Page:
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Campaign Playbook: Tips on Effectively Marketing Your Political Campaign
Wherever you are in the process of launching your political campaign, the importance of a good marketing strategy can’t be understated. Our SpeakEasy Political campaign strategists have put together a list of some of the do’s and don’ts of political campaign marketing to help you achieve the best (and avoid the worst!) practices when it comes to publicizing your campaign.
Looking for more ways to effectively market your political campaign? Check out our series of easy-to-use guides and materials – so you can build a winning political campaign from the ground up.
Do: Invest in good photography
Here’s one of the most important things you could add to your campaign: good pictures. Lots of good pictures. If you are camera shy, you need to get over it. Ask your friend who is really good with a camera to spend an afternoon or two helping you get a good portrait (headshot) and some shots that show you in action. A few with recognizable community landmarks will be helpful, and while you’re at it, get a few family shots too. No shots with wine glasses in your hand, red eyes, buttons, funny hats. You need to look friendly, but people have to take you seriously.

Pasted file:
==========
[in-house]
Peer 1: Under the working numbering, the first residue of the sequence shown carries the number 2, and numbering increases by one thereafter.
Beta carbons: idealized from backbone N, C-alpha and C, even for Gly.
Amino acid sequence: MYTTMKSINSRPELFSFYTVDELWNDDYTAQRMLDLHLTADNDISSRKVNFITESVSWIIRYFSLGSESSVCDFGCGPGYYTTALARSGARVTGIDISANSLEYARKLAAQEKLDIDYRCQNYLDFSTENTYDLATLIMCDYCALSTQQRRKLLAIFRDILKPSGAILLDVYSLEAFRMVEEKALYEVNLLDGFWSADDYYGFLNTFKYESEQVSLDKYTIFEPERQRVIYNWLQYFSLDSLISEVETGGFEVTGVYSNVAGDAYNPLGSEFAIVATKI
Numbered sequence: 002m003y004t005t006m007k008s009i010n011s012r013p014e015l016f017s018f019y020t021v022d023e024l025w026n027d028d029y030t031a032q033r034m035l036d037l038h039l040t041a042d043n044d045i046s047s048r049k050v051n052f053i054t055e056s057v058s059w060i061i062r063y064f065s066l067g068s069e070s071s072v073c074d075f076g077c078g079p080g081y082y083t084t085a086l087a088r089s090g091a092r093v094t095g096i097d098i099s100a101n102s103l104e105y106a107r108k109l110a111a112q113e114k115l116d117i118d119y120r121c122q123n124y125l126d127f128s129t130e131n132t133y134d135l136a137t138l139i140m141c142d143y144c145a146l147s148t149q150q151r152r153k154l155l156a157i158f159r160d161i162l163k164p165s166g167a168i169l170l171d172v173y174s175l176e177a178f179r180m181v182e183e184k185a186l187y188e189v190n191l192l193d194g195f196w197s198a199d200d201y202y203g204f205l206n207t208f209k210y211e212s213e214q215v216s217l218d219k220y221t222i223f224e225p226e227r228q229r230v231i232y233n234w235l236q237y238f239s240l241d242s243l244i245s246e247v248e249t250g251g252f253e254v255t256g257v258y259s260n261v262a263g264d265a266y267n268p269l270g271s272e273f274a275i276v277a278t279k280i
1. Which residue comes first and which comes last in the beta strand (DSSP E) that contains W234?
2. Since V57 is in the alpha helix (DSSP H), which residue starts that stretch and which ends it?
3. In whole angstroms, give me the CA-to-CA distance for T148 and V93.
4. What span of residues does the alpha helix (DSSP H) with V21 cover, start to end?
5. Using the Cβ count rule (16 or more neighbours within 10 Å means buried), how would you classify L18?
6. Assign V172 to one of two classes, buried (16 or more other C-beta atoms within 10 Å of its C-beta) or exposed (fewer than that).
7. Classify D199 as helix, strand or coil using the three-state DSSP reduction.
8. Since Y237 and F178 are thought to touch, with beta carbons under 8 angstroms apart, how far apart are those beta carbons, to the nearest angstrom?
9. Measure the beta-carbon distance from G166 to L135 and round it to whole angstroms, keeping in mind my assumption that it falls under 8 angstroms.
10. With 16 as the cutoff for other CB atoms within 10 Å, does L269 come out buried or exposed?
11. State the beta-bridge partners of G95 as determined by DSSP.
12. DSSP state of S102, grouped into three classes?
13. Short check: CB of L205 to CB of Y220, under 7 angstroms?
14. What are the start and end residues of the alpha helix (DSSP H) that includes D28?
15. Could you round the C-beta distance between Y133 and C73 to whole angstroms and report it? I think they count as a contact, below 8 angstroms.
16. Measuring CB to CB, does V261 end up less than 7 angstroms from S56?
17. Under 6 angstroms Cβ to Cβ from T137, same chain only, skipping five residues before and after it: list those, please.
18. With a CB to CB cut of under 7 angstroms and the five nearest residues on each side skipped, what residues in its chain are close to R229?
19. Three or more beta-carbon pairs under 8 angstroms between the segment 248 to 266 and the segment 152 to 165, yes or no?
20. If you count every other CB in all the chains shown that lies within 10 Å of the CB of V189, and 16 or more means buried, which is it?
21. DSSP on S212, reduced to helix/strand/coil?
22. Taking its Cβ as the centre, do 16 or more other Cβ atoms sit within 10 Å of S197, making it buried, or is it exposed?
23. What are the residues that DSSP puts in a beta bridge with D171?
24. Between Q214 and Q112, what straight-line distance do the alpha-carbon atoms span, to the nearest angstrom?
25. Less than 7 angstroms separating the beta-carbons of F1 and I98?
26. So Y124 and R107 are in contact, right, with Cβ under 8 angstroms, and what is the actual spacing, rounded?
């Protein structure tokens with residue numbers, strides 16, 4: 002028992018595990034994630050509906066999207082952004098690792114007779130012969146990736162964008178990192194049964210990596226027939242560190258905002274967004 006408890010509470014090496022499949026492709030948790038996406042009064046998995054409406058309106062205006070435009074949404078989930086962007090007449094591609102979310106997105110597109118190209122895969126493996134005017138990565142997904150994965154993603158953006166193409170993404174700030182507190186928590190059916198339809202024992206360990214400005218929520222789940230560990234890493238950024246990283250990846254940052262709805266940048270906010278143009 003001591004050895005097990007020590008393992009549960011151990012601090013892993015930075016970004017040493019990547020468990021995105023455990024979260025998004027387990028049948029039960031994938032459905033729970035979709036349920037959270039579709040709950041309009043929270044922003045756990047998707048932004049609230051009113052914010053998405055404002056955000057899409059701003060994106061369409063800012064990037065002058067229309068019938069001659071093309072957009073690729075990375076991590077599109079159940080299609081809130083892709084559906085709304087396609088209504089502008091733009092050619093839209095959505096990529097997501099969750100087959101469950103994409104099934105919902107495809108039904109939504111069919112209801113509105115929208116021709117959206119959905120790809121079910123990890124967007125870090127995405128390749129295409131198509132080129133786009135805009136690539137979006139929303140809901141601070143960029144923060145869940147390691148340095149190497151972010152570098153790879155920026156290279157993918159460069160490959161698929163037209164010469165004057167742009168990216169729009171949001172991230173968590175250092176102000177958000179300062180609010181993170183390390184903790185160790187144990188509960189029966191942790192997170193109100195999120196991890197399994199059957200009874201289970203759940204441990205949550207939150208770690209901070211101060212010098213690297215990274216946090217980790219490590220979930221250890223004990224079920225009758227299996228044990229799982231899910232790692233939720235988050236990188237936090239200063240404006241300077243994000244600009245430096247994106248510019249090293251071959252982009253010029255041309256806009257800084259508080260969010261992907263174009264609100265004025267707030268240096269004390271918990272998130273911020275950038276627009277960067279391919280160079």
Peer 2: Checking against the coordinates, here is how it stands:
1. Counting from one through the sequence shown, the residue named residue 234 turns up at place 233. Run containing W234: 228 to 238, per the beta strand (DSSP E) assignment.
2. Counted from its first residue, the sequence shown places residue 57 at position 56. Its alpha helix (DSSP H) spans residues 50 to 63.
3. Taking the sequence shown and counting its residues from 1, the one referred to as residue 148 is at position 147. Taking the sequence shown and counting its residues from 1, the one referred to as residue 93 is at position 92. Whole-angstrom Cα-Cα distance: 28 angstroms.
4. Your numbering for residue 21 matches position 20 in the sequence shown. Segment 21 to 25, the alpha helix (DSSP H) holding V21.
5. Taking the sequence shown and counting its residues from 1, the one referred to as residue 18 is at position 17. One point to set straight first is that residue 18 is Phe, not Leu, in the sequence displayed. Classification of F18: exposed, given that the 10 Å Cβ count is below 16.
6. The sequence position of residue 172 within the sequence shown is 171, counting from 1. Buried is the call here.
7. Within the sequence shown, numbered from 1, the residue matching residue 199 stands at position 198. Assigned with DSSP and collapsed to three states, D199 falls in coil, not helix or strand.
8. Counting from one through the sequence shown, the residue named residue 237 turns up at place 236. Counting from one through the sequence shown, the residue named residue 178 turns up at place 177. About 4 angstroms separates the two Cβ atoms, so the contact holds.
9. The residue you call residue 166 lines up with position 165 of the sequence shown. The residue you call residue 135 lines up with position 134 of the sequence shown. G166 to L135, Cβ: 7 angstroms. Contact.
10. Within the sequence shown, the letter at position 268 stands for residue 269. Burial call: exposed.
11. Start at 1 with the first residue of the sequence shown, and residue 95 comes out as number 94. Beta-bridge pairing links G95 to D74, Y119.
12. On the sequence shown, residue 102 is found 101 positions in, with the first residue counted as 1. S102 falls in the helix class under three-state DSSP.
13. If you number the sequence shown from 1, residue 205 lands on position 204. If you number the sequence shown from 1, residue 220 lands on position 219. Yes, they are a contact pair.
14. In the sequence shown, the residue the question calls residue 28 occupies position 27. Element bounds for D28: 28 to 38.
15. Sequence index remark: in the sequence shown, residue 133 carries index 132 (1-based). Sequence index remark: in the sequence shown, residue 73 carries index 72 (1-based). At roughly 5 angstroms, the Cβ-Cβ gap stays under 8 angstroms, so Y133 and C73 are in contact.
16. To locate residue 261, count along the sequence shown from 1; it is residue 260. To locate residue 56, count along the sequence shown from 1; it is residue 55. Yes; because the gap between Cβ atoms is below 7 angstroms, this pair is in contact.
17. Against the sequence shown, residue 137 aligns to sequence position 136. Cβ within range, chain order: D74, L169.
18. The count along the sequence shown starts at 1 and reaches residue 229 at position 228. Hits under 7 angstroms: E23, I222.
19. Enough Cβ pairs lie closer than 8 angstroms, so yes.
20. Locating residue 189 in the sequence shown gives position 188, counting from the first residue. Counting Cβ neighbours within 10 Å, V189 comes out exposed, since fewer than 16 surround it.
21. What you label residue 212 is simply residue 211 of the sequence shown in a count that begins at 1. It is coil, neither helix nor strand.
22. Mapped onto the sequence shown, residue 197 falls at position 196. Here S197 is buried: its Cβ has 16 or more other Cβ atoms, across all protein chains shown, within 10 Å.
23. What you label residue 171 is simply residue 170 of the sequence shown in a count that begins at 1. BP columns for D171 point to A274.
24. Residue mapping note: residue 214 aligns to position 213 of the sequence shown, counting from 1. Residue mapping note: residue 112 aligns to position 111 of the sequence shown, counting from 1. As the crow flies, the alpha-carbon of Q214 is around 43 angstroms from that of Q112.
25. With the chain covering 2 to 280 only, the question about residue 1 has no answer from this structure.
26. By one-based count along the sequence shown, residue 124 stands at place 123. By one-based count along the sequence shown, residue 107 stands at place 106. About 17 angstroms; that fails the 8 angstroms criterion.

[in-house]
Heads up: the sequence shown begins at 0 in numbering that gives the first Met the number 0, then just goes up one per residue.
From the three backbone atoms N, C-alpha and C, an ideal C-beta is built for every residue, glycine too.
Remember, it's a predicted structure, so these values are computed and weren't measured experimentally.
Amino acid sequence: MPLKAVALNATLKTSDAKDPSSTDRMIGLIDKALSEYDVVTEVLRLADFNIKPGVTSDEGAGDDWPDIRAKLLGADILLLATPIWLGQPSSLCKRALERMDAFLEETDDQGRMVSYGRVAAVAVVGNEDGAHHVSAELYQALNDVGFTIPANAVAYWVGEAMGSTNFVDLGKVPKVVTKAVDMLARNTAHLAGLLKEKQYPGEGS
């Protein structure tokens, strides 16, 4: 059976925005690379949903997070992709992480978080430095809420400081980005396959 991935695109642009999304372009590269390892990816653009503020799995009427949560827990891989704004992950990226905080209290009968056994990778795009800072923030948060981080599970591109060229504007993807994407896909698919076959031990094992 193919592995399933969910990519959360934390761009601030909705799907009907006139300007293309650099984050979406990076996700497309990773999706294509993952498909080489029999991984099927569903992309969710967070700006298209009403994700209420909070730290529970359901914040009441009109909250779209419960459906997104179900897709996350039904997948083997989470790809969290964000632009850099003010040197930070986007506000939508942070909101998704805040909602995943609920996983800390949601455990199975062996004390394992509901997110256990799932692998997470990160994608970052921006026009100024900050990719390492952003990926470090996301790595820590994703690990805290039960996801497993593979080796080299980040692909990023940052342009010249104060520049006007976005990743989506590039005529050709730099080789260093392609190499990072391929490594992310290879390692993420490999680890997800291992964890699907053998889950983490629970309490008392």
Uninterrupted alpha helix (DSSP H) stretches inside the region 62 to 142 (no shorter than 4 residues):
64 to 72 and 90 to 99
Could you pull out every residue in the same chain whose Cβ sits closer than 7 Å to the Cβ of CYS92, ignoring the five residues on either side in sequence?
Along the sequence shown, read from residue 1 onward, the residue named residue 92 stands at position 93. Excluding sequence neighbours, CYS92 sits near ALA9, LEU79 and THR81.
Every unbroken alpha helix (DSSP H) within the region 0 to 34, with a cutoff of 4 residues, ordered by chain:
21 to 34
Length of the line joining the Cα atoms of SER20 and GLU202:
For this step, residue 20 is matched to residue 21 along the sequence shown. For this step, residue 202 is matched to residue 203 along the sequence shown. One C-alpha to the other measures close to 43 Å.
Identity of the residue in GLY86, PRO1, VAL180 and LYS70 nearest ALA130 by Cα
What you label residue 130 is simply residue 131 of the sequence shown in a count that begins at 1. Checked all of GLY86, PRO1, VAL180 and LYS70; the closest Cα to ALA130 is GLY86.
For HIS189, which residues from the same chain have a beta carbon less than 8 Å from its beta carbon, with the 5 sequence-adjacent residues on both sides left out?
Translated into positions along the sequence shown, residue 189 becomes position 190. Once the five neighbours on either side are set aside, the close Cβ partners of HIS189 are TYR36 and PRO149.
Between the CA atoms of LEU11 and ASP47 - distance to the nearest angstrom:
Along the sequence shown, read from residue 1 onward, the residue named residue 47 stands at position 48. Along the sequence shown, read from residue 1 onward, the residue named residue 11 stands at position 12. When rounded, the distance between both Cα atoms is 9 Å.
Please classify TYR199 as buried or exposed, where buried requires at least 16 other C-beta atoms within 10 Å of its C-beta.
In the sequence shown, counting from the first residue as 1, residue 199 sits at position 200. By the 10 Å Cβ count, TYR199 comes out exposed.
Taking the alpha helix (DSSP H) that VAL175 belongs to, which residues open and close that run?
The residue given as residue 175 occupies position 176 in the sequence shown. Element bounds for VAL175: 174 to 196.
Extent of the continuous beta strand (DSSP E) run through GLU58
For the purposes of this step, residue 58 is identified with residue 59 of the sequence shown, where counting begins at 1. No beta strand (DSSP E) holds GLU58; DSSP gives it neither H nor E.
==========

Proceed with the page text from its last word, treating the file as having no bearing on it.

Don’t: Break the bank for campaign merchandise
But here’s a challenge — your supporters may really want those buttons or tee shirts. If it’s not in the budget, consider directing them to a website that will allow them to upload a logo and create their own. If they really want one, they can buy one there and it won’t cost you.
Do: Build a mobile friendly and direct response website
Develop a basic website, and keep it private until you are ready to announce that you’re running. The website must be mobile friendly – remember up to half of voters will view it on their smart phone. It should also reflect one of the most powerful uses of a website – the ability of the readers to respond by joining, volunteering or donating. At a minimum it must have:
- Your bio
- A donation form
- A volunteer form
- An endorsement form
- A disclaimer